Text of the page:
Under the shadow of Fukushima and the 25th anniversary of the Chernobyl nuclear disaster, India has decided to go ahead with a N-power project at Jaitapour, Maharashtra. A report in the Hindu adds that, "in a concession to heightened public awareness of the need for proper regulation and oversight...the government promised to introduce a bill in the next session of the Parliament for creating an independent and autonomous Nuclear Regulatory Authority of India (NRAI) that would subsume the existing Atomic Energy Regulatory Board (AERB)".
How many regulatory institutions in India are actually "independent and autonomous"? Given the way in which agencies like TRAI have been created then then rendered toothless, the NRAI-bill is unlikely to inspire much confidence in N-safety.
There is, of course, a world of difference between regulating telecom and N-power. The inability of TRAI to foresee or prevent scams does not result in permanent genetic damage, malignant tumors or death.
The hazards of creating a pliable "independent and autonomous" N-regulatory authority has been brought out forcefully in a recent NYT article. Onishi and Belson write about the 'culture of complicity' behind the recent disaster at Fukushima-Daiichi plant.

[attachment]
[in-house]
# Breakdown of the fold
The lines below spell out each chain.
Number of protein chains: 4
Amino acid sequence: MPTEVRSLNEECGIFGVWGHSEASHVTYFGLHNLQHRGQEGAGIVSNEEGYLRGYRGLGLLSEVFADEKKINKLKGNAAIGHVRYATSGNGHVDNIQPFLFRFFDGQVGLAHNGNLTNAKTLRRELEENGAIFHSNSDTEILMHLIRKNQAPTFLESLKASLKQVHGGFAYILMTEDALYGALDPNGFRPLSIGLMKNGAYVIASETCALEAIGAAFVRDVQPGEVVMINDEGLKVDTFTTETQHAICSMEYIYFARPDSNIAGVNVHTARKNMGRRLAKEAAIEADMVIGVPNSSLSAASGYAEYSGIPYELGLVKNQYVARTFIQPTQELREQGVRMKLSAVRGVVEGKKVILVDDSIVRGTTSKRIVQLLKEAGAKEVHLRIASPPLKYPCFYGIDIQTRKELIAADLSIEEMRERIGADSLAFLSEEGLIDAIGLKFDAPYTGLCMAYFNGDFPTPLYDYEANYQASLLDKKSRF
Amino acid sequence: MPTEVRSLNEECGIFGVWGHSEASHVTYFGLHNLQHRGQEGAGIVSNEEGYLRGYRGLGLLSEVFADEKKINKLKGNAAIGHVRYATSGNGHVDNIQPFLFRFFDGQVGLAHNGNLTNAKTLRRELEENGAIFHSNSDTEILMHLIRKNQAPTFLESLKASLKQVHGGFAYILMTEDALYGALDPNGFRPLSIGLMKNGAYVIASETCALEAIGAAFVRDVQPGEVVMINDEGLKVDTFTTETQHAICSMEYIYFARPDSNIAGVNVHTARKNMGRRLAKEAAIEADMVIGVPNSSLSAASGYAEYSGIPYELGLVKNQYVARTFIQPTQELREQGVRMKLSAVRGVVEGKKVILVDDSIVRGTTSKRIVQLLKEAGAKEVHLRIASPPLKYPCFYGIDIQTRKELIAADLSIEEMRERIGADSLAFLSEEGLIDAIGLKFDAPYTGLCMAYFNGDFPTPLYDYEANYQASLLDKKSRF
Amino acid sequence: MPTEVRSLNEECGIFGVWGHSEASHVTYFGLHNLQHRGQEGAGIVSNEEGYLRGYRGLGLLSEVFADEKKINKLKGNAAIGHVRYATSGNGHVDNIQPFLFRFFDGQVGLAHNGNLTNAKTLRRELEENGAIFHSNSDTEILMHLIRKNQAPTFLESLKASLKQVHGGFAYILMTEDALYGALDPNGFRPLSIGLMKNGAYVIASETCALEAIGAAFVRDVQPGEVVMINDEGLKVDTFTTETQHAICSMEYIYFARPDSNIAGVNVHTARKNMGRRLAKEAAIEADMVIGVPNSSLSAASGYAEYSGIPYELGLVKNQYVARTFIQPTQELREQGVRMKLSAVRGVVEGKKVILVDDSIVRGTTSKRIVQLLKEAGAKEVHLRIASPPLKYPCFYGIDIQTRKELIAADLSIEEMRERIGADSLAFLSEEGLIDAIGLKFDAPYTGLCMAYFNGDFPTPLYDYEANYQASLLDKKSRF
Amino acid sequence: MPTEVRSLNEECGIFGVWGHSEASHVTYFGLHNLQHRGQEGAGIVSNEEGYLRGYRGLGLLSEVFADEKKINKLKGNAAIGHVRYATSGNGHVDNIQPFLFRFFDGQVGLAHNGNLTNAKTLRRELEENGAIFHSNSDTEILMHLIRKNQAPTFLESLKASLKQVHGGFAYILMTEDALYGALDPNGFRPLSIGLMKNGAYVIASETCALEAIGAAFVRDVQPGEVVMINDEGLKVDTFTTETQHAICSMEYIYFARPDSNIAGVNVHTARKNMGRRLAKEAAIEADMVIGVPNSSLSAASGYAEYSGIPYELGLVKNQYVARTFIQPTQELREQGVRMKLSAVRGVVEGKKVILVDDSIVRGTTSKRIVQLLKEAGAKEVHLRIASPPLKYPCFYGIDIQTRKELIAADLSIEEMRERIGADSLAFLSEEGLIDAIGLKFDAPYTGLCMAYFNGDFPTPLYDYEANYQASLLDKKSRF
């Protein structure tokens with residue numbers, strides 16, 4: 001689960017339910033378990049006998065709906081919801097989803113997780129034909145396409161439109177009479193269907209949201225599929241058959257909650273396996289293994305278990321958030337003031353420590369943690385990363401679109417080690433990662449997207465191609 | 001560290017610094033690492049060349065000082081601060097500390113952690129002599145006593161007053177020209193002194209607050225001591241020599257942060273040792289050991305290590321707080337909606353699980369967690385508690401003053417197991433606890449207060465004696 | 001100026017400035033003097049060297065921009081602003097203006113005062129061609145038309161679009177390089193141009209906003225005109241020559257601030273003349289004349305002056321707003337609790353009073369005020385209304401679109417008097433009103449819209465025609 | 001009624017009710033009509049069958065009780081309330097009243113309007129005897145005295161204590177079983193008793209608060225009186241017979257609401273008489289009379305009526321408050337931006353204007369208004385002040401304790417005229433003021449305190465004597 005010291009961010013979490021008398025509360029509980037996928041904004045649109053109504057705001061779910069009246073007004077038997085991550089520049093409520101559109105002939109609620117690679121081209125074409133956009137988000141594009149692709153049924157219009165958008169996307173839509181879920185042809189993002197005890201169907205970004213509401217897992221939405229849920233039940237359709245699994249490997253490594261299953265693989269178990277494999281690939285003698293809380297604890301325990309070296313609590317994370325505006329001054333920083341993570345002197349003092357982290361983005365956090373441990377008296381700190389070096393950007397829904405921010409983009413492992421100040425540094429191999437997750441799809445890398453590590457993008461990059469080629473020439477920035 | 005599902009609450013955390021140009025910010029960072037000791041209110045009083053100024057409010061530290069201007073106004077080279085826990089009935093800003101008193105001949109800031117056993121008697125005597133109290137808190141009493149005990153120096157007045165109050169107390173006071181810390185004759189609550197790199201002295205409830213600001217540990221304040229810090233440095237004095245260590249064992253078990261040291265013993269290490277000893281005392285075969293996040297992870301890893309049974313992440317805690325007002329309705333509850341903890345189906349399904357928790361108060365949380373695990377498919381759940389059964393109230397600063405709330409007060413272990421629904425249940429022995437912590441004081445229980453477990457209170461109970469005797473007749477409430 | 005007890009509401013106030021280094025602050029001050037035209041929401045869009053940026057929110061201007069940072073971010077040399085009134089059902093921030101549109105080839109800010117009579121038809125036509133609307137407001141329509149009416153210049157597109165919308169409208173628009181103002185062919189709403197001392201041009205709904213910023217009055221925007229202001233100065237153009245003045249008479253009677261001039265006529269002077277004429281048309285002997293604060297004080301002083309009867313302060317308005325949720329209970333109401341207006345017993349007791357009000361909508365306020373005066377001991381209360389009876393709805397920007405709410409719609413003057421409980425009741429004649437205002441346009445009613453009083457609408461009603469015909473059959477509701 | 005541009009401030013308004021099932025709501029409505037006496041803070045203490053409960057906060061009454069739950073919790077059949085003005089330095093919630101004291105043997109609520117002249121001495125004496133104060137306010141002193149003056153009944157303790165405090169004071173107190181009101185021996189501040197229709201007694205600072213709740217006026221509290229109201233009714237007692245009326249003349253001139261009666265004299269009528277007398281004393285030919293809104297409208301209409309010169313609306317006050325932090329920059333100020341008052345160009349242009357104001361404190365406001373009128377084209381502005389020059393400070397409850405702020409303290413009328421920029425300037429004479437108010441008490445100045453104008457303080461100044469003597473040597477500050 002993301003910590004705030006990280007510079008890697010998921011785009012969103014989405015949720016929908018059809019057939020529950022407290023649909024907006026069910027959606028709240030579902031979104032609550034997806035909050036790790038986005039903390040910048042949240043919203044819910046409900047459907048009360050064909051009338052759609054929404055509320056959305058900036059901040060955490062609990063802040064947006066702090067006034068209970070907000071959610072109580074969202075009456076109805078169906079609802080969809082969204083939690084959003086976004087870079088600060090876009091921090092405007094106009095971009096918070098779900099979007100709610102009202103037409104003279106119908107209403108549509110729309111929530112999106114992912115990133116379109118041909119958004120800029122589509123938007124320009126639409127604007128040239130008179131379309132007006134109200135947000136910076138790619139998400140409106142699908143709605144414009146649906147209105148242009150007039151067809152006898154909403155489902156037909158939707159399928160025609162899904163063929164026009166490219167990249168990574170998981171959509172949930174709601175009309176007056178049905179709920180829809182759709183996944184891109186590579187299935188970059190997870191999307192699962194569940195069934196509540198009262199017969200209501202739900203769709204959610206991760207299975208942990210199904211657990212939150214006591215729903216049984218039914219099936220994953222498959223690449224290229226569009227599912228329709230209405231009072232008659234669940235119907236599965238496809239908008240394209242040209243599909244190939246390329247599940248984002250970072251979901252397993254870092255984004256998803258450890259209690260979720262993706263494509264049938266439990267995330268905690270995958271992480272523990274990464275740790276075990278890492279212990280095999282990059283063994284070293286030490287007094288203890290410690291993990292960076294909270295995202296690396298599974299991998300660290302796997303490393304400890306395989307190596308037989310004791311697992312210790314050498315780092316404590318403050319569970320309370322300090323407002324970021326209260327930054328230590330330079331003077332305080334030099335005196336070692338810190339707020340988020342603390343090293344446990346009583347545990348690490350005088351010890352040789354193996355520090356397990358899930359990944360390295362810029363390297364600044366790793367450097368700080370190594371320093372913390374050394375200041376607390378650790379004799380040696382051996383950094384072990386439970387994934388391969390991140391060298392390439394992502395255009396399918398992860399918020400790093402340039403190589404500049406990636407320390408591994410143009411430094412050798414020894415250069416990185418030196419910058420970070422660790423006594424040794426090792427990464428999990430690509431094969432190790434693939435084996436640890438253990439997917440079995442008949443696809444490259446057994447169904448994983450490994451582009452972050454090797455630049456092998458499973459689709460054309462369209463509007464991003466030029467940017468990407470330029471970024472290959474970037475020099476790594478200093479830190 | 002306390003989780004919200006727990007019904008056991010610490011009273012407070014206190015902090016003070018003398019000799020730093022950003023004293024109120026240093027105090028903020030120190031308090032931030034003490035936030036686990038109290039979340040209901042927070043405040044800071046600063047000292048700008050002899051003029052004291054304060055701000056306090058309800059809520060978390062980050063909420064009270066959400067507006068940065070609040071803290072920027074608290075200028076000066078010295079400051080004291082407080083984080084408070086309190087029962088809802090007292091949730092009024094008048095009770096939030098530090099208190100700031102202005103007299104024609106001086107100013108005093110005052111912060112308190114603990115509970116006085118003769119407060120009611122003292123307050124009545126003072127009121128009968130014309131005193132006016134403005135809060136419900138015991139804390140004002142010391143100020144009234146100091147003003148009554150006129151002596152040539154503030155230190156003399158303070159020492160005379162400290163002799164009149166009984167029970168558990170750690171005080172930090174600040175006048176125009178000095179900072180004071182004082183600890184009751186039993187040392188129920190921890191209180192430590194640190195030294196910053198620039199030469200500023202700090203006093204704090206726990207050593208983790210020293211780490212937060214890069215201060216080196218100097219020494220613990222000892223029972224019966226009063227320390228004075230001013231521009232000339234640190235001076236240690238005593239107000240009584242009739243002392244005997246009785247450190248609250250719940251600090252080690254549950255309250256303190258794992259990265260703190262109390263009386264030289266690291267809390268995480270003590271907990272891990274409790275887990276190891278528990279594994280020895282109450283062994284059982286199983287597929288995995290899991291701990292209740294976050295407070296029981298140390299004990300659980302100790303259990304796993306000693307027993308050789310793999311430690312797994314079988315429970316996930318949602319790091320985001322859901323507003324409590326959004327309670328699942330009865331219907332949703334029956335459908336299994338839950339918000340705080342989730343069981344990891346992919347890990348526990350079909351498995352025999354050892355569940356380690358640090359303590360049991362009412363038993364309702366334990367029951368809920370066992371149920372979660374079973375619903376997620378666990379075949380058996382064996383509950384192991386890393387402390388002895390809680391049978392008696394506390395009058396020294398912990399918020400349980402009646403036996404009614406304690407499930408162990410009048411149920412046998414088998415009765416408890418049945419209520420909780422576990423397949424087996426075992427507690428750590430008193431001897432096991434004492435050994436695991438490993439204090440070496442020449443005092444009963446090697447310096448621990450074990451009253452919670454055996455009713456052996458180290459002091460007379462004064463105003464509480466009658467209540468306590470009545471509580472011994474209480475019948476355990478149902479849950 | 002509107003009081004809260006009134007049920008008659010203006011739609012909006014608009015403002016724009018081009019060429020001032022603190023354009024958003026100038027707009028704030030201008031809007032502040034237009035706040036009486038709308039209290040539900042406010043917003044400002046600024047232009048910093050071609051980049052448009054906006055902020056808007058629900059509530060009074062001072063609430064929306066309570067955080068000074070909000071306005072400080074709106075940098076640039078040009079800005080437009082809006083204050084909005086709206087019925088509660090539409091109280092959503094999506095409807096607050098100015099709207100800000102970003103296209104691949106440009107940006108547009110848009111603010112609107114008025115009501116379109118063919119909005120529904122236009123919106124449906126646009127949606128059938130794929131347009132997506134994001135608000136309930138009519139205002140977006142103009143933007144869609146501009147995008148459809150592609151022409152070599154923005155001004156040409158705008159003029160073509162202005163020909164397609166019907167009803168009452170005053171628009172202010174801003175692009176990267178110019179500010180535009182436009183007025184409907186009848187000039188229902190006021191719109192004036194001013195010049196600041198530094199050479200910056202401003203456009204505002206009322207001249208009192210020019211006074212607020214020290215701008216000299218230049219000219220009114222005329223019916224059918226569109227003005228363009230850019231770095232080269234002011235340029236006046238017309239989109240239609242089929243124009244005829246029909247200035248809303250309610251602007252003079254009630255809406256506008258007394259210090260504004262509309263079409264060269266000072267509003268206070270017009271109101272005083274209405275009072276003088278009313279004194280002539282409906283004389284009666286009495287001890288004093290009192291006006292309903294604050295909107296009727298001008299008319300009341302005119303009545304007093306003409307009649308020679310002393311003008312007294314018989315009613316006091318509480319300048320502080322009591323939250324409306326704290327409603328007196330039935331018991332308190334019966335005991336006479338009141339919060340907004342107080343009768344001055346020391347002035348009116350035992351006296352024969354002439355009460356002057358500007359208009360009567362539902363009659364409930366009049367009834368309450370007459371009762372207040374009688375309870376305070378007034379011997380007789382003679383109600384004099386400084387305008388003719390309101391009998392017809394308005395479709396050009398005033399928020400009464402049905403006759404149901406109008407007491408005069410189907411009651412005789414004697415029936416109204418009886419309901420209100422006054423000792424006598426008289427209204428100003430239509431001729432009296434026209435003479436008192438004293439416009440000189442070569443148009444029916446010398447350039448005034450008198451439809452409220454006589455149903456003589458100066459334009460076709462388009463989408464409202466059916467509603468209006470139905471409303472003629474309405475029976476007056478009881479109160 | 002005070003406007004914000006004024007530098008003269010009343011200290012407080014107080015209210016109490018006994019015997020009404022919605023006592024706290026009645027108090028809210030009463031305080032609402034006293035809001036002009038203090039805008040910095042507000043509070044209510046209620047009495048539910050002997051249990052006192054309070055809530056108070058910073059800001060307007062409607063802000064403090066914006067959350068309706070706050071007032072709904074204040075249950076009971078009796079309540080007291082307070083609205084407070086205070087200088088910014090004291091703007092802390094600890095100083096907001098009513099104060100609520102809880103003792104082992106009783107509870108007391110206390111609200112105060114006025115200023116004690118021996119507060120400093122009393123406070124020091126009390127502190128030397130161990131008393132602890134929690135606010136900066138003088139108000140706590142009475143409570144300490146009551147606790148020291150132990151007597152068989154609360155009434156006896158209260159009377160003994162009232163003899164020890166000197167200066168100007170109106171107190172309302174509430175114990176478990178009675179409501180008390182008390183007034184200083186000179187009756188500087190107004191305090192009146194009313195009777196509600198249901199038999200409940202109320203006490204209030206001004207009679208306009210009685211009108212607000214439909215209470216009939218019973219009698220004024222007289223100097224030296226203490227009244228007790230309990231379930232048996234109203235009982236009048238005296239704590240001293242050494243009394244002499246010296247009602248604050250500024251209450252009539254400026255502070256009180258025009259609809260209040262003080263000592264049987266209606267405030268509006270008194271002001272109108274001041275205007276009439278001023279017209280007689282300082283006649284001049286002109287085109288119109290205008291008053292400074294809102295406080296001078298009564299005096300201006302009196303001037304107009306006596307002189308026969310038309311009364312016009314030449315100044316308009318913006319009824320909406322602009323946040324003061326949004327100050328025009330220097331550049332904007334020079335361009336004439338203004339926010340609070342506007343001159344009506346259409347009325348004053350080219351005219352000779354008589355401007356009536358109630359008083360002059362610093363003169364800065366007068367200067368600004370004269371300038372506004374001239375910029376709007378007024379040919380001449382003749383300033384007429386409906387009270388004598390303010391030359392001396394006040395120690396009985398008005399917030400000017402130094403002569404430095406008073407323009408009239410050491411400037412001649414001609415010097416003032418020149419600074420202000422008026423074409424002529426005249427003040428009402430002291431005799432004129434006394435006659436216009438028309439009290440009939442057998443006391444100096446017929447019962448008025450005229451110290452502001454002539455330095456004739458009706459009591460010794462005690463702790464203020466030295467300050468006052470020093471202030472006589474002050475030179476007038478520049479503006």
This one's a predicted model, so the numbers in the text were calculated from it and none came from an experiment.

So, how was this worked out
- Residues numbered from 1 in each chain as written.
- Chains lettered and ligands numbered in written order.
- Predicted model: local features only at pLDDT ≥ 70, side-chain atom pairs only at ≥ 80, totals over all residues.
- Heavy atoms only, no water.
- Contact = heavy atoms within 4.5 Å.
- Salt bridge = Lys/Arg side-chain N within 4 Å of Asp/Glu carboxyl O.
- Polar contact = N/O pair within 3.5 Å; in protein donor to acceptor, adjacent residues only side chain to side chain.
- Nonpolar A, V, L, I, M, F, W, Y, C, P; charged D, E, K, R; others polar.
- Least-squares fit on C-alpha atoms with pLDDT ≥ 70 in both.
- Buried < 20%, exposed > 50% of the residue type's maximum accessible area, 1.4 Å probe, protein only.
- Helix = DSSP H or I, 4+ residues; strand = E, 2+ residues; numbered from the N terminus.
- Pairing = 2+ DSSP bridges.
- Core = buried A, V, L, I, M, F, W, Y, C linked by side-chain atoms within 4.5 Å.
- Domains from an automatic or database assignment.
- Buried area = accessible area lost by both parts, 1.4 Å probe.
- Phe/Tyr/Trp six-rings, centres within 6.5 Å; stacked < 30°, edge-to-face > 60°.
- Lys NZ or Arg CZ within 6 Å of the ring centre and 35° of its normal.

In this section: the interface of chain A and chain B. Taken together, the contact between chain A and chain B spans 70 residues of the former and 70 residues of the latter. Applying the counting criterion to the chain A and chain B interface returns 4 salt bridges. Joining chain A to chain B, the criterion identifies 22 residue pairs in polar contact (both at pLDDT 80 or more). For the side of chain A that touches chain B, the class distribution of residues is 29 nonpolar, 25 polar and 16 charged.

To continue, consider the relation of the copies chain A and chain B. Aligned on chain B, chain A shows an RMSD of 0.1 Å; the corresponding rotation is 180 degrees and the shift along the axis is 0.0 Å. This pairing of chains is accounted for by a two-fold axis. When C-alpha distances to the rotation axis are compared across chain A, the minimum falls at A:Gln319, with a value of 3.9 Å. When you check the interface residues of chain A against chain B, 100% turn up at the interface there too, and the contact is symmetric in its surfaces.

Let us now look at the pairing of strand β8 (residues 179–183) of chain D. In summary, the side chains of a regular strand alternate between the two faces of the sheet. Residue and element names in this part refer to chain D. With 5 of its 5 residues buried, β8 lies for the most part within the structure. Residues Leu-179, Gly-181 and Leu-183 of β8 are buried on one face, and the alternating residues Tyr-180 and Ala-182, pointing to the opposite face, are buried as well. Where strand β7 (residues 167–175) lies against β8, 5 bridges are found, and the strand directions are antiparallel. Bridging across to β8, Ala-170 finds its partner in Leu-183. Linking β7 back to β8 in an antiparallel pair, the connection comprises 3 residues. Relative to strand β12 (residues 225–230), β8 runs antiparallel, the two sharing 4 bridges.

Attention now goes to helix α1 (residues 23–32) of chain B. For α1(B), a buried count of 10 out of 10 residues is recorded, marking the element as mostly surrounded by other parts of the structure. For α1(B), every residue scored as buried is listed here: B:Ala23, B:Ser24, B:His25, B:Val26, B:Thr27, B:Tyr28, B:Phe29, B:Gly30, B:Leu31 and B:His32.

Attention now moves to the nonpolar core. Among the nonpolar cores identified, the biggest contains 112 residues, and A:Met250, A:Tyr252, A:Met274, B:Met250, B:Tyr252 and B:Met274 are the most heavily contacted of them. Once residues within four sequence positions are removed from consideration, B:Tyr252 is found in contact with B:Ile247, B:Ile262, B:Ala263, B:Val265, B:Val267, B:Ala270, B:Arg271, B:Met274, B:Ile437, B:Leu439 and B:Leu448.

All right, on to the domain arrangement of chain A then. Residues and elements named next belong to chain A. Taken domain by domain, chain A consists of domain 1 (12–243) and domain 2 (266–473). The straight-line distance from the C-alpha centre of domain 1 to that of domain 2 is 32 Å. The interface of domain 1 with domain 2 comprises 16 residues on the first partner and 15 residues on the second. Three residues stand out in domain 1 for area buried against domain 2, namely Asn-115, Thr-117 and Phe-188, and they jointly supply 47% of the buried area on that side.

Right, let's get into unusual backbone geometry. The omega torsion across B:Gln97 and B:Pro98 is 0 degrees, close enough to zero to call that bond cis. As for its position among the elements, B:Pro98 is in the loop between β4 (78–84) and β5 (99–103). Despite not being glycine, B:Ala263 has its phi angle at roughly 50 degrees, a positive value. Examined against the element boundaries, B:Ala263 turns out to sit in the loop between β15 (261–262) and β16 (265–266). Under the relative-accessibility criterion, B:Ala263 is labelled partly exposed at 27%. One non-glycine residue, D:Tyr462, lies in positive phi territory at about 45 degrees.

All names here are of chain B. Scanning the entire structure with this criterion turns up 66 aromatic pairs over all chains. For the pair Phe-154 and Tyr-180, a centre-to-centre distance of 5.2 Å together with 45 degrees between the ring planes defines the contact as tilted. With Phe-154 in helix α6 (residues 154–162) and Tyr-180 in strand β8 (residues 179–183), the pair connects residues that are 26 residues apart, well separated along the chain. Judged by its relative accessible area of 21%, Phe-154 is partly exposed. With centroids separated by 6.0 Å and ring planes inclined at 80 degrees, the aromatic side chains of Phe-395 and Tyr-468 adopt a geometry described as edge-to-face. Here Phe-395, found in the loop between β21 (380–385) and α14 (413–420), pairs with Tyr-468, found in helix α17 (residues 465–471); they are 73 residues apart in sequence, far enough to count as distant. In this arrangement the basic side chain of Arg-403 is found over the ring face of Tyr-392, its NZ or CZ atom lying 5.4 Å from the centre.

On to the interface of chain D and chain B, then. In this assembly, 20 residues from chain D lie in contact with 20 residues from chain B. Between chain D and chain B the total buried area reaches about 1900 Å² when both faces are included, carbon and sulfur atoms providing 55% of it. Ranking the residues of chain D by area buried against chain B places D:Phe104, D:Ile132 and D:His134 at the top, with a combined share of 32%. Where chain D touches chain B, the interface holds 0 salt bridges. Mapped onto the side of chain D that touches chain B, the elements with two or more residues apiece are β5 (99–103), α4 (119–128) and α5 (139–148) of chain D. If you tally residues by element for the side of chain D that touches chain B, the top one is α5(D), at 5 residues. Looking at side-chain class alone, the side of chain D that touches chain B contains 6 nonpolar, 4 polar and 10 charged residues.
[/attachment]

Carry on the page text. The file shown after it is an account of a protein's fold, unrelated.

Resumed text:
The regulations that control the Japanese N-industry have a record of being inconsistent, nonexistent and unenforced. Thanks to a nexus between politicians, bureaucrats and industry executives, the regulatory system - headed by the Nuclear and Industry Safety Agency - remained non-transparent, encouraging collusive interests that "underlie the establishment’s push to increase nuclear power despite the discovery of active fault lines under plants, new projections about the size of tsunamis and a long history of cover-ups of safety problems".
How do we prevent such a collusion of vested interests? Onishi and Belson present the Nuclear Regulatory Commission in USA as a possible institutional model which is free to choose from a pool of engineers unaffiliated with a utility or manufacturer, including those who learned their trade in the Navy or at research institutes.
The very fact that government of India intends to subsume AERB into NRAI may be a tacit admission that it is not, at present, an effective regulatory body. But will the NRAI turn out to be nothing but old wine in a new, subsumed bottle?
Dhar, Aarti (2011). Green Signal to Jaitapur Nuclear Project
Onishi, Norimitsu and Belson, Ken (2011). Culture of Complicity Tied to Stricken Nuclear Plant. New York TImes, 26 April 2011